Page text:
× Digital News Videos Health & Science Opinion Education Columnists Lifestyle Cartoons Moi Cabinets Kibaki Cabinets Arts & Culture Podcasts E-Paper Tributes Lifestyle & Entertainment Nairobian Entertainment Eve Woman TV Stations KTN Home KTN News BTV KTN Farmers TV Radio Stations Radio Maisha Spice FM Vybez Radio Enterprise VAS E-Learning Digger Classified Jobs Games Crosswords Sudoku The Standard Group Corporate Contact Us Rate Card Vacancies DCX O.M Portal Corporate Email RMS
Watch The Tokyo Olympics 2020 live online

Kalonzo surprises himself by taking firm stand on 2022

By Peter Kimani | June 17th 2021
Kalonzo Musyoka speaks when President Uhuru Kenyatta hosted a delegation of political leaders from Lower Eastern, June 14, 2021. [PSCU, Standard]

Former Vice President Kalonzo Musyoka has seen the light, yet again, and he is making known the desires of his heart.

He says he and Baba are done, kabisa! He ain’t going to back him or any other politician next year, he says, because he is prioritising himself.

That's a statement of such great profundity, given Kalonzo’s deep immersion in the philosophy of “servant leadership,” which means serving others is his righteous calling. Now he says he wants others to serve him and his interests.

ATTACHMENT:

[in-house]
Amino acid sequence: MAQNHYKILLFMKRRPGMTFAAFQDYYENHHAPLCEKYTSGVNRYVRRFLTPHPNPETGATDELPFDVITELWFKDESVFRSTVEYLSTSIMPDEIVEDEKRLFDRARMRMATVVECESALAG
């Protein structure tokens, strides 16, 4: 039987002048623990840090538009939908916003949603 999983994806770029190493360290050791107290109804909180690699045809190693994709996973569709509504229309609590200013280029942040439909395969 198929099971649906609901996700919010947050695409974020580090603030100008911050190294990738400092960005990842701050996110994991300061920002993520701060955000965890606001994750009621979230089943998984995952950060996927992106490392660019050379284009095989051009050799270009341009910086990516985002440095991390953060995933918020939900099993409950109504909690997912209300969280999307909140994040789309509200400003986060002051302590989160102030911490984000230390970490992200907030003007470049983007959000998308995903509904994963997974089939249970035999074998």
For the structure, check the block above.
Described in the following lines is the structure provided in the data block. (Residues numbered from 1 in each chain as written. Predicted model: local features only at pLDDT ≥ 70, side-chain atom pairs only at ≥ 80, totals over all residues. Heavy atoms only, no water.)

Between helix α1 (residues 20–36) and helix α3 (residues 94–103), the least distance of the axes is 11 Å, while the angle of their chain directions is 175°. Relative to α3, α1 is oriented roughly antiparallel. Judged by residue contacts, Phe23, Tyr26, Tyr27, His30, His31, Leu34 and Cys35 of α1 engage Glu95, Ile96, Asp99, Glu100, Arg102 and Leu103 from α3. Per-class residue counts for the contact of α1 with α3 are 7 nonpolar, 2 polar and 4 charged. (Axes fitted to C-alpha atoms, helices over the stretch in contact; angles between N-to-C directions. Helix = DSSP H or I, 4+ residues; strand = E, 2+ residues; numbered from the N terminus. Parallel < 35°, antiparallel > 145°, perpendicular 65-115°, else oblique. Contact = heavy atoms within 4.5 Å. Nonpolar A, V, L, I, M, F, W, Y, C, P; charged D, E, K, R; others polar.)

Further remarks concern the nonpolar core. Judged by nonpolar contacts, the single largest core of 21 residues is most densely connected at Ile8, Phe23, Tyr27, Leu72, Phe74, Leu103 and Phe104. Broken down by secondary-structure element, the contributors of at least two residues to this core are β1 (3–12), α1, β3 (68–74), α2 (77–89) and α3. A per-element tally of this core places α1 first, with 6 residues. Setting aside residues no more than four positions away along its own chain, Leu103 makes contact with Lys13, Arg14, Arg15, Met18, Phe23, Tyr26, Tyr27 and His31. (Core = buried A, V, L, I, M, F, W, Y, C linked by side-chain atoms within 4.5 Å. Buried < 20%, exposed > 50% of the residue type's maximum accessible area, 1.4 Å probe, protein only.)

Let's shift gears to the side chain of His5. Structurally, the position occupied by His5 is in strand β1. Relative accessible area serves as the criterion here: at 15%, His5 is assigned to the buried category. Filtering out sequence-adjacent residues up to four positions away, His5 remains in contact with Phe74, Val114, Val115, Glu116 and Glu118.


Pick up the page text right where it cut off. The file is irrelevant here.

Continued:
It is also a surprising departure from his natural position in fence-sitting, meaning keeping his options open and contingent. Given his aversion to taking a stand on anything, this has taken Kalonzo a long time - he has been seething since 2013.

My gut feel tells me it won’t last. Of late, Kalonzo has become what his constituents call mutu wa sinema, the cinema man, as he’s been acting in some local comedy series.

So don’t be fooled if, in the fullness of time, he recants his current position and opts to return to a safer place where he can be allowed some room for manoeuvre, just as he likes it.

After all, politics for Kalonzo means finding a midpoint where he can penya undetected. 


Share this story
MCAs call for policy on naming city roads
This comes after the Francis Atwoli road sign in Kileleshwa was vandalised following controversy over how the road changed names.
The miseducation of Kenyans obsessed with national schools
National schools that typically admit 300 to 400 students received 150,000 applications this year. But it is the parents, apparently, who are weeping.